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Posts Tagged ‘#growingup’

He walked through my bedroom door,
my once little boy.
But as I watched him just brush his hair,
in my bathroom mirror,
it hit me,
my youngest child
is no longer a baby.
And my heart sunk,
As I realized, that part of my life, so far, is past.

There is a sense of longing that comes as I realize that I am no longer a mom to ‘babies’ or even ‘children’. Oh, I am still a mom to minors, but my minors have all reached the edge of the abyss known as adolescence. And this edge is where I say farewell to a part of my life, that has been all-consumingly present for over eighteen years. My adolescent kids have all reached the stage of not needing me.

There are times (many) over the past eighteen years, when I would have given anything for them to need me less. I can so easily remember those ‘touched out’ days, those sleepless nights (they do still happen, but just when they get ready for bed, and they slam the bathroom door), those stomach virus weeks, when ‘the bucket’ would be transported from one sick kid to the next, and then around again, and again, and again.

I do love the parent-pre-teen/teen relationships. Truly that is what I was looking for when hubby and I decided that we wanted to have children. I feel so bad for our kids … as neither hubby or I are ‘baby people’. One would think that our kids would have had one baby-addict-parent. Honestly, when I see someone holding a newborn I just feel sorry for them (did I just say that out loud?), I mean, I am happy for them, but I know they are in the midst of a stressful time of life … and man, I’m glad it’s not me! To me, going through all of the stresses of babies and toddlers is worth it, if I get to, finally, live in a house with pre-teens and teens (and really, they are just like toddlers … they are just too heavy to pick up, place in their bed, and shut the door … same ‘hissy fits’, same growth spurts, same level of curiosity, and a beautiful sense of wonder … you just need to look harder for it). But, I digress …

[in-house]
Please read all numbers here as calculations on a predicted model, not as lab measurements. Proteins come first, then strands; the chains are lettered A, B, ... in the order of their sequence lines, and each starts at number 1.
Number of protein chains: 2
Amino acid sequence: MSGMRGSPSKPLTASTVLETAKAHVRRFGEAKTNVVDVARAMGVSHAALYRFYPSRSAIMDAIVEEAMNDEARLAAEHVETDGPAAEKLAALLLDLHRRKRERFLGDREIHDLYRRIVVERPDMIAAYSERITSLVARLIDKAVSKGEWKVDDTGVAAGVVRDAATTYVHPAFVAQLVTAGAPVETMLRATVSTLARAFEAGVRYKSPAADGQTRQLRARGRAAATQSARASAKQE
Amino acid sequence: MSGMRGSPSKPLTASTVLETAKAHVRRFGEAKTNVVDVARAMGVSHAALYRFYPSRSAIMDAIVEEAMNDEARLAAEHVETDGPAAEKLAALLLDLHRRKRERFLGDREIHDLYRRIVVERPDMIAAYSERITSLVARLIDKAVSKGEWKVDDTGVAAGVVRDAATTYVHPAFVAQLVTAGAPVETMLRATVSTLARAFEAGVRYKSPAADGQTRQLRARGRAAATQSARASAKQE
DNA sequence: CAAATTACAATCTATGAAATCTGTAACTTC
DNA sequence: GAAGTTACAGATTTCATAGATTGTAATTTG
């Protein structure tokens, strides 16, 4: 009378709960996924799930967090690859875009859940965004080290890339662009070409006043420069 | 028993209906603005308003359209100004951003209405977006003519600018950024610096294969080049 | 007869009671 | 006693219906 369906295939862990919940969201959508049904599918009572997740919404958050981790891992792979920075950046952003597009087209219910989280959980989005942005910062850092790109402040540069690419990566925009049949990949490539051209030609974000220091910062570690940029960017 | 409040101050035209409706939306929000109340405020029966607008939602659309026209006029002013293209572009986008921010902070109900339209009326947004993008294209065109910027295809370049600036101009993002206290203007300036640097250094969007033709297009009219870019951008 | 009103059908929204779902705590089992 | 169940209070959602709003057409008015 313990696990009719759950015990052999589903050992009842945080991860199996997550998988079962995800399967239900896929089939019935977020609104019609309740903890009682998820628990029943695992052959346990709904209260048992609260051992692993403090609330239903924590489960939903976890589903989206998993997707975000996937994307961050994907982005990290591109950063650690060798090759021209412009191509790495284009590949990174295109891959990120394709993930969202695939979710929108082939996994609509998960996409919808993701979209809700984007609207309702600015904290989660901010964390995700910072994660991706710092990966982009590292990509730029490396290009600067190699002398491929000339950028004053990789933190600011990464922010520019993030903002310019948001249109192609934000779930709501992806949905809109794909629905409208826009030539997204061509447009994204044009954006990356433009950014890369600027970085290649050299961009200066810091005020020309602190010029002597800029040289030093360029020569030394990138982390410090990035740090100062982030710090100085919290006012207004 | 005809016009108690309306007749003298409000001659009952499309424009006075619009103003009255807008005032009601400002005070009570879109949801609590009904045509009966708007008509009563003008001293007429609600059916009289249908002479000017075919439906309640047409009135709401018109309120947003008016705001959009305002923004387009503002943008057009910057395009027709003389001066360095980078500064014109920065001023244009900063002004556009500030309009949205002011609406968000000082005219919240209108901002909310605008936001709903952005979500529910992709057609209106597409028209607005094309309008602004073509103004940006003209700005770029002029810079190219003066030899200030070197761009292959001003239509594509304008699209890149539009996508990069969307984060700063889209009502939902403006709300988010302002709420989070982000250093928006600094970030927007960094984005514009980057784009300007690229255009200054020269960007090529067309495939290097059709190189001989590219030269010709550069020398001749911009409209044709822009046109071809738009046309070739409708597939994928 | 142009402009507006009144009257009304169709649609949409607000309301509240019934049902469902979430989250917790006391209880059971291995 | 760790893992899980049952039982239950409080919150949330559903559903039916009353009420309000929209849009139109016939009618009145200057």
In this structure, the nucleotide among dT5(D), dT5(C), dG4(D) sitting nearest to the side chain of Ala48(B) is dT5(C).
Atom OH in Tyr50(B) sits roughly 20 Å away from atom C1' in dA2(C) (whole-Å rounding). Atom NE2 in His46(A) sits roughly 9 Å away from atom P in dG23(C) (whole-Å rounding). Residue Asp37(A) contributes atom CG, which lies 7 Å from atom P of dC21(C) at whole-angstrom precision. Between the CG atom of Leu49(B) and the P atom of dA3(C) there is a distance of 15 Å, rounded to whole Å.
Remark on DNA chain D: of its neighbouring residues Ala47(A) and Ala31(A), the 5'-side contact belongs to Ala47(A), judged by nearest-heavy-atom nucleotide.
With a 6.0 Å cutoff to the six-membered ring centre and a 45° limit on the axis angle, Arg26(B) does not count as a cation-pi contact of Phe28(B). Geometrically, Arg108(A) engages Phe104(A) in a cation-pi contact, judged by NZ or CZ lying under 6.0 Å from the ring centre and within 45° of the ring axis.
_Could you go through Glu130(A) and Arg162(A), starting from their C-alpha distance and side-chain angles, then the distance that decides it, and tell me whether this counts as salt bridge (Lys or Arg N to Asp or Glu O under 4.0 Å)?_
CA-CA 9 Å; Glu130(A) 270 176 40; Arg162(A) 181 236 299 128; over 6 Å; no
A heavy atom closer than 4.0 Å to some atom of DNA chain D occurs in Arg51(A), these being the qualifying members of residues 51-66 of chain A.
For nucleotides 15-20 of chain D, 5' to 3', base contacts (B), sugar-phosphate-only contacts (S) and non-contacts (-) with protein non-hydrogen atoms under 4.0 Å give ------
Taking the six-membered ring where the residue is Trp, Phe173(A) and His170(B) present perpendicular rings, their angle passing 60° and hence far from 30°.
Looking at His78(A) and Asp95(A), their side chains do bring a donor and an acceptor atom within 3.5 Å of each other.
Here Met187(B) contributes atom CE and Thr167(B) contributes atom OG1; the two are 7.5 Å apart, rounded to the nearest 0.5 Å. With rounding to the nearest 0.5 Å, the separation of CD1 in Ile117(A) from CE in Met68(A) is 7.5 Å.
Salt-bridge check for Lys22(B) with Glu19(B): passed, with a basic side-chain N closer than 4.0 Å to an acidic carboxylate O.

Our youngest is almost twelve, and, although in private he will still hug me, and give and receive ‘I love you’s’, he is ‘moving on’ through the doorway to his teens, to be followed by adulthood. And, I have to say, it makes me feel a little sad, a little lonely, a lot … unneeded (and I need to feel needed).

For in this regard, his moving through that doorway signals the end of that, very defining, very demanding, very all-consuming part of MY life (and really, it is all about me). And I think I am needing to get my head wrapped around it!

The process of this ‘end’, of course began when mothering began … but it seemed so very  f a r  away. Then last summer, about half of our dinners together consisted of only hubby, the boy and me (as our daughters both have ‘gotten a life’). This was shocking to me! And, much of the time, one or two, or three of the kids were gone away overnight! My goodness … my nest is beginning to empty!

But, there is a flip side to all of this. This past year our family ‘adopted’ a local university student, who we fed, watched hockey games with and fed again (it is so gratifying to feed a ‘starving’ university student … they eat anything! And talk like you can cook like Jamie Oliver). And then we rented our suite to a delightful young lady, who we encouraged to join us for many mealtimes, for rides to church, for laughter and chats. And, last summer, our pool was frequently filled with the laughter of not just our kids, but many of our neighbors and friends. And dinners, well … truly it is feast or famine for numbers sitting at the table. Sometimes three, sometimes thirteen.